original buddhism

A forum for those wishing to discuss Buddhist history and teachings in the Western academic manner, referencing appropriate sources.
Post Reply
User avatar
DNS
Site Admin
Posts: 2900
Joined: Sun Apr 05, 2009 4:23 pm
Location: Las Vegas, Nevada
Contact:

original buddhism

Post by DNS » Thu Jun 29, 2017 4:57 am

As a follow-up to my recent DhammaWiki article on Pudgalavada (and topic here), I made this analysis / interpretation of original Buddhism. I'm sure it will have some detractors from both hard-core Theravadins and hard-core Mahayanists, but that's okay:

https://dhammawiki.com/index.php?title= ... l_Buddhism

As I note at the top of the article:
(This is just one historical analysis and interpretation. There are other views and interpretations which vary from this one. It is recommended for those interested to review the literature in the References and make their own conclusions.)

Perhaps it's not about Theravada vs. Mahayana, but rather some blend of the early schools . . .

Anonymous X
Posts: 813
Joined: Thu Mar 02, 2017 11:43 am
Location: Bangkok

Re: original buddhism

Post by Anonymous X » Thu Jun 29, 2017 6:26 am

David N. Snyder wrote:As a follow-up to my recent DhammaWiki article on Pudgalavada (and topic here), I made this analysis / interpretation of original Buddhism. I'm sure it will have some detractors from both hard-core Theravadins and hard-core Mahayanists, but that's okay:

https://dhammawiki.com/index.php?title= ... l_Buddhism

As I note at the top of the article:
(This is just one historical analysis and interpretation. There are other views and interpretations which vary from this one. It is recommended for those interested to review the literature in the References and make their own conclusions.)

Perhaps it's not about Theravada vs. Mahayana, but rather some blend of the early schools . . .
I can see you've put a lot of effort into your study. One of the elements that have always struck me was how various splits and sects developed not only amongst Buddhism, but other religions, as well. Two factors for me come into play. Cultural conditions of the time and place, and the appearance of newly minted masters. It is my assertion, that every time someone else fully awakens, it will change the way a teaching will be looked at and practiced by those that are around this new master. Presently, our world is not the same world that Sakyamuni inhabited. I don't see any reason that a fully awakened master should or would take up doctrines conceived of millenia ago or necessarily be involved in a formal Buddhist practice. This convention of lineage and unbroken whatever seems part of the conditioned cultural world that all beings are born into at any time. A real master, like Sakyamuni, transcended all of this. Why wouldn't those who came after transcend his words as well as the words of all others? They are only words. After all, isn't that what these teachings are all about? All this sectarian debate seems utter nonsense to me. There is no inherent freedom in this.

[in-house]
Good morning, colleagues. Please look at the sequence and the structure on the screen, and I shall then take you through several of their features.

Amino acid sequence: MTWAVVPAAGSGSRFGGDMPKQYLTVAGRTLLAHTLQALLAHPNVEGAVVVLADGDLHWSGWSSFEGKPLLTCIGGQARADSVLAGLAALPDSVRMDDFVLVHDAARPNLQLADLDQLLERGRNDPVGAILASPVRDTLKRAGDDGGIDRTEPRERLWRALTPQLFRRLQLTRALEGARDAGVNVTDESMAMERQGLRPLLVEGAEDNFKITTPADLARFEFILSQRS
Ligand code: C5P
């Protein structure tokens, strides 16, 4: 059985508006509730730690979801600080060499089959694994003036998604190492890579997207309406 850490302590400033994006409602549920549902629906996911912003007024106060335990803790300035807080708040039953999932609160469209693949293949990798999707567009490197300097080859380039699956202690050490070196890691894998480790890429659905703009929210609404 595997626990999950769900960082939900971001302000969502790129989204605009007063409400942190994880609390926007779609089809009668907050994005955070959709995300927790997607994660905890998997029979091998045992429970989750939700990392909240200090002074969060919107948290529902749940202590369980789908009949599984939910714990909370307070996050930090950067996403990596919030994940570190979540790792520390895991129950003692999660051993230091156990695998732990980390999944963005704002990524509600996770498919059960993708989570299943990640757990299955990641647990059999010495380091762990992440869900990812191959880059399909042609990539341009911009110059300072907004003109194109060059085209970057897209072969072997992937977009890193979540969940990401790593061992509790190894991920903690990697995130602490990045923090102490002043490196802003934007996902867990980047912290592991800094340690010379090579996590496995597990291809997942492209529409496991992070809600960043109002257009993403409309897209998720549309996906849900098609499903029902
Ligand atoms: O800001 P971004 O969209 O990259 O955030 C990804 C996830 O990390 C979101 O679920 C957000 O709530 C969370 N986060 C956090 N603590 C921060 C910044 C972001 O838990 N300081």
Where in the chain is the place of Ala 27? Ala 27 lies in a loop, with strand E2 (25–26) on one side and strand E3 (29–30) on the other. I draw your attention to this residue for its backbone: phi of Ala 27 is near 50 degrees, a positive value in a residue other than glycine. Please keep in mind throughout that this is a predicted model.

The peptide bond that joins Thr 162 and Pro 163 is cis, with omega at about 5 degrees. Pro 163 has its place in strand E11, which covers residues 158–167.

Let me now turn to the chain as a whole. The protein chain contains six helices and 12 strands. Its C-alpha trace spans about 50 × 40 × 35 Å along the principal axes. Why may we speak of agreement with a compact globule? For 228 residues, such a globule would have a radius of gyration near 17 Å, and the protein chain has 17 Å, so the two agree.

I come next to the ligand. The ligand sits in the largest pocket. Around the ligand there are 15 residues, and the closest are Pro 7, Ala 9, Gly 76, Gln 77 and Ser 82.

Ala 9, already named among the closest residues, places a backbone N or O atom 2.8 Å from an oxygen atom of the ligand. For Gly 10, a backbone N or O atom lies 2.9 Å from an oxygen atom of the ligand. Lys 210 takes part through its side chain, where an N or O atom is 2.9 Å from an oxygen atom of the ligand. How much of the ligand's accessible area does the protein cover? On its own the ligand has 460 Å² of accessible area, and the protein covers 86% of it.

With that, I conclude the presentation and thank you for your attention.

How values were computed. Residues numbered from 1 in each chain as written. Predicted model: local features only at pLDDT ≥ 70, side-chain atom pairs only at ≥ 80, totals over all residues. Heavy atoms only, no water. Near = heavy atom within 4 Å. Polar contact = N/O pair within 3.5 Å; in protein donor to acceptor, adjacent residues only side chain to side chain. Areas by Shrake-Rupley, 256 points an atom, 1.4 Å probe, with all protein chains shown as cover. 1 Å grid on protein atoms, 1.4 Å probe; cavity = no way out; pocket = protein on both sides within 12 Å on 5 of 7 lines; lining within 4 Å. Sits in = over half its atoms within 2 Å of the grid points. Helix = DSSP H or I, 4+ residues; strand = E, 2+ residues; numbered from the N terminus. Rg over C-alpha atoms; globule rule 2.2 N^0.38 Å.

User avatar
Malcolm
Posts: 25491
Joined: Thu Nov 11, 2010 2:19 am

Re: original buddhism

Post by Malcolm » Thu Jun 29, 2017 1:30 pm

David N. Snyder wrote:As a follow-up to my recent DhammaWiki article on Pudgalavada (and topic here), I made this analysis / interpretation of original Buddhism. I'm sure it will have some detractors from both hard-core Theravadins and hard-core Mahayanists, but that's okay:

https://dhammawiki.com/index.php?title= ... l_Buddhism

As I note at the top of the article:
(This is just one historical analysis and interpretation. There are other views and interpretations which vary from this one. It is recommended for those interested to review the literature in the References and make their own conclusions.)

Perhaps it's not about Theravada vs. Mahayana, but rather some blend of the early schools . . .
There is no original Buddhism. Not even Gautama's direct teaching is original Buddhism. By all accounts, there were many buddhas prior to him.
Atikosha
Tibetan Medicine Blog
Sudarsana Mandala, Tibetan Medicine and Herbs
Buddhahood in This Life
འ༔ ཨ༔ ཧ༔ ཤ༔ ས༔ མ༔


The knowledge imparted through the guru’s instructions that formerly was unknown (avidyā) is vidyā.


—Treasury of the Supreme Vehicle, Longchenpa.

User avatar
Nicholas Weeks
Posts: 2954
Joined: Mon Apr 06, 2009 4:21 am
Location: California

Re: original buddhism

Post by Nicholas Weeks » Thu Jun 29, 2017 7:02 pm

All buddhas have taught and will teach the same fundamentals:
"Suppose, monks, a man wandering through a forest would see an ancient path, an ancient road traveled upon by people in the past. He would follow it and would see an ancient city, an ancient capital that had been inhabited by people in the past, with parks, groves, ponds, and ramparts, a delightful place. Then the man would inform the king or a royal minister: 'Sire, know that while wandering through the forest I saw an ancient path, an ancient road traveled upon by people in the past. I followed it and saw an ancient city, an ancient capital that had been inhabited by people in the past, with parks, groves, ponds, and ramparts, a delightful place. Renovate that city, sire!' Then the king or the royal minister would renovate the city, and some time later that city would become successful and prosperous, well populated, filled with people, attained to growth and expansion.